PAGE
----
Boeing Donates 787 Dreamliner To Museum of Flight


The third Boeing 787 Dreamliner built is being loaned to the Museum of Flight in Seattle. Extensively modified as Boeing went through the certification process, the airplane was used by Boeing to show the flag, flying around the world in the six-month Dreamtour in 2012. Boeing and Museum of Flight officials spent months determining if the deal could be done at all and then working out the details. The airplane is painted in Boeing colors and is currently based at Moses Lake, Washington. It is expected to arrive at the Museum on Nov. 8, according to Museum spokesperson Ted Huetter. As reported by the Puget Sound Business Journal, Huetter said, “It’s a big deal. This is definitely one of the breakthrough aircraft in commercial air travel. To have one of those examples of original aircraft is significant, and it adds to our collection as we try to tell the story of commercial aviation . . . it’s a perfect fit.” It will be displayed with a mixture of seating and exhibits in the cabin. The museum’s collection of airliners is one of the most extensive in the world, and includes versions of the Boeing 80A, 247, 727, 737 and 747, Douglas DC-2 and -3, Lockheed Super Constellation and deHavilland Comet.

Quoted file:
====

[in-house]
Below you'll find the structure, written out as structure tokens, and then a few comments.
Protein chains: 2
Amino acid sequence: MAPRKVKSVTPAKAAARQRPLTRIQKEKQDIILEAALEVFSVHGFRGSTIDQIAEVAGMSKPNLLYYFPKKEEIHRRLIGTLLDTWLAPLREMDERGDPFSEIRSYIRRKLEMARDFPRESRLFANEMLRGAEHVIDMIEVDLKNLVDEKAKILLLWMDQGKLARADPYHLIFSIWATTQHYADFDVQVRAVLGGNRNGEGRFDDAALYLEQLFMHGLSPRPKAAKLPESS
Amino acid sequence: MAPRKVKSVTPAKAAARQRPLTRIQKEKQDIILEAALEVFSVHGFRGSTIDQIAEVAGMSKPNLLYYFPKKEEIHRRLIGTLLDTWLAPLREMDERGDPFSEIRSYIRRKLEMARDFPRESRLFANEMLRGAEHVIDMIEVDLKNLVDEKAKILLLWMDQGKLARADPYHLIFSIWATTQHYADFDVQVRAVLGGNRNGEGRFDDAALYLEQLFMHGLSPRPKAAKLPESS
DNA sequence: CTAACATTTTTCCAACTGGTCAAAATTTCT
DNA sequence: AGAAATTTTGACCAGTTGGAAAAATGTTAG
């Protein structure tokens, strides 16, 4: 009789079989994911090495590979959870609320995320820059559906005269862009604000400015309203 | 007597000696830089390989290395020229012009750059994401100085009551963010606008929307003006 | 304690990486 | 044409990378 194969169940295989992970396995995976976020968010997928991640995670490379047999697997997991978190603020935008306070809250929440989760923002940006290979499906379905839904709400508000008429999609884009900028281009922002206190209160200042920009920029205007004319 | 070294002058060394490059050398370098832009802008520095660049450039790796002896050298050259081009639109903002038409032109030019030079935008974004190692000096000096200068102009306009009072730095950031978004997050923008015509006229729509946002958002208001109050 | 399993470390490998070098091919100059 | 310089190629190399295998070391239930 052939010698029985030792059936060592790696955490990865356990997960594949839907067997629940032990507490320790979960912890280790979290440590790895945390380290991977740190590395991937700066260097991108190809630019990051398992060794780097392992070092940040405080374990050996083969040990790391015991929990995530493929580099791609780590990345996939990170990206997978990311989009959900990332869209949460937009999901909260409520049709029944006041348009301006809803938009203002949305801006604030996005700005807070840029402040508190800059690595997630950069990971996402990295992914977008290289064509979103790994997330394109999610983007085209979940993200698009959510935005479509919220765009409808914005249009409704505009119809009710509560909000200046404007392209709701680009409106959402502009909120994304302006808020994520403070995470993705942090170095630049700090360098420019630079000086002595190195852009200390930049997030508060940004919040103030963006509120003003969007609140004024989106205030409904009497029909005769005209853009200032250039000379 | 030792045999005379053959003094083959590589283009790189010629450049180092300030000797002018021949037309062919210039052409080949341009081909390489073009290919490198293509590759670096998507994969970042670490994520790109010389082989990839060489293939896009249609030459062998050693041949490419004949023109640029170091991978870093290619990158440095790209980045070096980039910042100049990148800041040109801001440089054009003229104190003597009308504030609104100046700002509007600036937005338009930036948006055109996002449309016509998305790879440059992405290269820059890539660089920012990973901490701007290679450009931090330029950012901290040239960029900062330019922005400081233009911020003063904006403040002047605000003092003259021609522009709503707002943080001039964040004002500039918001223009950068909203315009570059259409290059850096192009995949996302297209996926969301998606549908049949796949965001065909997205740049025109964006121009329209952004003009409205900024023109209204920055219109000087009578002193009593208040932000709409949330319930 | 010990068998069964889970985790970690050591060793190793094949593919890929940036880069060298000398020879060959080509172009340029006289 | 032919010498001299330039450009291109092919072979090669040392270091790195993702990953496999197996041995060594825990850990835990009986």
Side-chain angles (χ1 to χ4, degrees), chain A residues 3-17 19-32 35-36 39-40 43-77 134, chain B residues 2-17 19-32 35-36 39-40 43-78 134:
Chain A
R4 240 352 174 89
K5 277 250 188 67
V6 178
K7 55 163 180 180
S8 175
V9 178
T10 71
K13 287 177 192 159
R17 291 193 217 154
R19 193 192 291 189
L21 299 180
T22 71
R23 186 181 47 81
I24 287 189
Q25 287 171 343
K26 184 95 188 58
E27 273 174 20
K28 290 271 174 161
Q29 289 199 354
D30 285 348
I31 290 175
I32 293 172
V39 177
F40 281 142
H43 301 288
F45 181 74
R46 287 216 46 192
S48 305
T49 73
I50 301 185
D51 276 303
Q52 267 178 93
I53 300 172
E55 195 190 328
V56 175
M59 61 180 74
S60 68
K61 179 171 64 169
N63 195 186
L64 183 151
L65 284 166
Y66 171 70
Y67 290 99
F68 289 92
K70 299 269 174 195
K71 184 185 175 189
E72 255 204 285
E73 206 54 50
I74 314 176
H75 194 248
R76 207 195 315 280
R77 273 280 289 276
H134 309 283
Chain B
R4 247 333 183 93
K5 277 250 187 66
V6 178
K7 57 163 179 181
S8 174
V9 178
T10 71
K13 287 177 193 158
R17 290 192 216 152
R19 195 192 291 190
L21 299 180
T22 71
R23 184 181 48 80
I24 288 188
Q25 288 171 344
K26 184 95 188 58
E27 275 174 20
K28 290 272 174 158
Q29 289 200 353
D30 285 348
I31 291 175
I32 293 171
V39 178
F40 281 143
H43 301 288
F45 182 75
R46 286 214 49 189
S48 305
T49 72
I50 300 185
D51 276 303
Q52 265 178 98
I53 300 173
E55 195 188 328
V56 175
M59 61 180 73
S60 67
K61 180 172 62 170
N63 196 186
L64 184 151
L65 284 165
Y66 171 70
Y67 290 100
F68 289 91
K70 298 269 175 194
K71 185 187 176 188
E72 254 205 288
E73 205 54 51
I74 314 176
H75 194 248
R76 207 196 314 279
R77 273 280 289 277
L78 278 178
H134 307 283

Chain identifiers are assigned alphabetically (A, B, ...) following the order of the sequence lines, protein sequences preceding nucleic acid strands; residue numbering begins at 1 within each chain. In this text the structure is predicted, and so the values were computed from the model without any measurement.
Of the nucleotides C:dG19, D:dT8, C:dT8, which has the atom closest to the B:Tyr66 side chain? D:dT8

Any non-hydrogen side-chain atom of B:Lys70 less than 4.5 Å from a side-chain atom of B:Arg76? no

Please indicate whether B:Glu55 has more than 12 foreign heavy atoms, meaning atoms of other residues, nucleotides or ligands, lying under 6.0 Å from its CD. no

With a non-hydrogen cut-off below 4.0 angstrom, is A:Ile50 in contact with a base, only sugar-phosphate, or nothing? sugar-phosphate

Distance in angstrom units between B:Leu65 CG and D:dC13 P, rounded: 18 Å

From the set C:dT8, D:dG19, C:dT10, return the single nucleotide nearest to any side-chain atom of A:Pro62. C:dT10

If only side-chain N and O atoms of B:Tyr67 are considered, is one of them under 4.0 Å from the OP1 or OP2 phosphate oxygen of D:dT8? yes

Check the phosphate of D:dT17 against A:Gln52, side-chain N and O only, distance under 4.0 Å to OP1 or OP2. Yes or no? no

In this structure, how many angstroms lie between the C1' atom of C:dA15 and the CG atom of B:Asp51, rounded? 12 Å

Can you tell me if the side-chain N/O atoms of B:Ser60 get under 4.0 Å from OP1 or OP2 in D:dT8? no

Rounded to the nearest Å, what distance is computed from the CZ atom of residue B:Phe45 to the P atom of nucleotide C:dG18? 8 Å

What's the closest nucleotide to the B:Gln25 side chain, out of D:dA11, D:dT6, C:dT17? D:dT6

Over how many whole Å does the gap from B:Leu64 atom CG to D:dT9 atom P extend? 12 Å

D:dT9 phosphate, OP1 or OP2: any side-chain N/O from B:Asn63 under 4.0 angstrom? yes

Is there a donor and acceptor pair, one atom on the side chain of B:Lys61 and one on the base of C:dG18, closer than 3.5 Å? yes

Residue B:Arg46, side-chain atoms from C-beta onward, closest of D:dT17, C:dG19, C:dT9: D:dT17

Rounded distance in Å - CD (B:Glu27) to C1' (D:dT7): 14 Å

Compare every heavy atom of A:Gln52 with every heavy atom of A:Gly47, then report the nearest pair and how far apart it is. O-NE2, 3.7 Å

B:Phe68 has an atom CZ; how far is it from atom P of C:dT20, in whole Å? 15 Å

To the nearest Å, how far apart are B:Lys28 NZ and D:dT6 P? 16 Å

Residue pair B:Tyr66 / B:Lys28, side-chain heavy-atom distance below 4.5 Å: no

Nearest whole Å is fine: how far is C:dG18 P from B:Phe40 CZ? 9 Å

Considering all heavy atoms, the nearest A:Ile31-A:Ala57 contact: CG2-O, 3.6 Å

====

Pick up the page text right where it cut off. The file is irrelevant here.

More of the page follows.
As part of the flight test and FAA certification process, it is not unusual for a manufacturer to wind up with some airplanes that have been modified so much that the cost of making the changes necessary to bring them into conformity with the production version is prohibitively expensive or because they don’t fit the needs of potential customers. The Boeing “Dash 80” prototype jet transport that evolved into the Model 707 airliner series and Model 717 Stratotanker (military designation KC-135) was not of interest to the airlines because the fuselage diameter was too small. It is now displayed at the Smithsonian. Many manufacturers have destroyed significant prototype aircraft following testing-especially those that did not go into production, such as the Cessna’s four-engine, pressurized piston model 620 and its two-place pusher model XMC, Experimental Magic Carpet. Saving one of the first 787s is being applauded by aviation historians.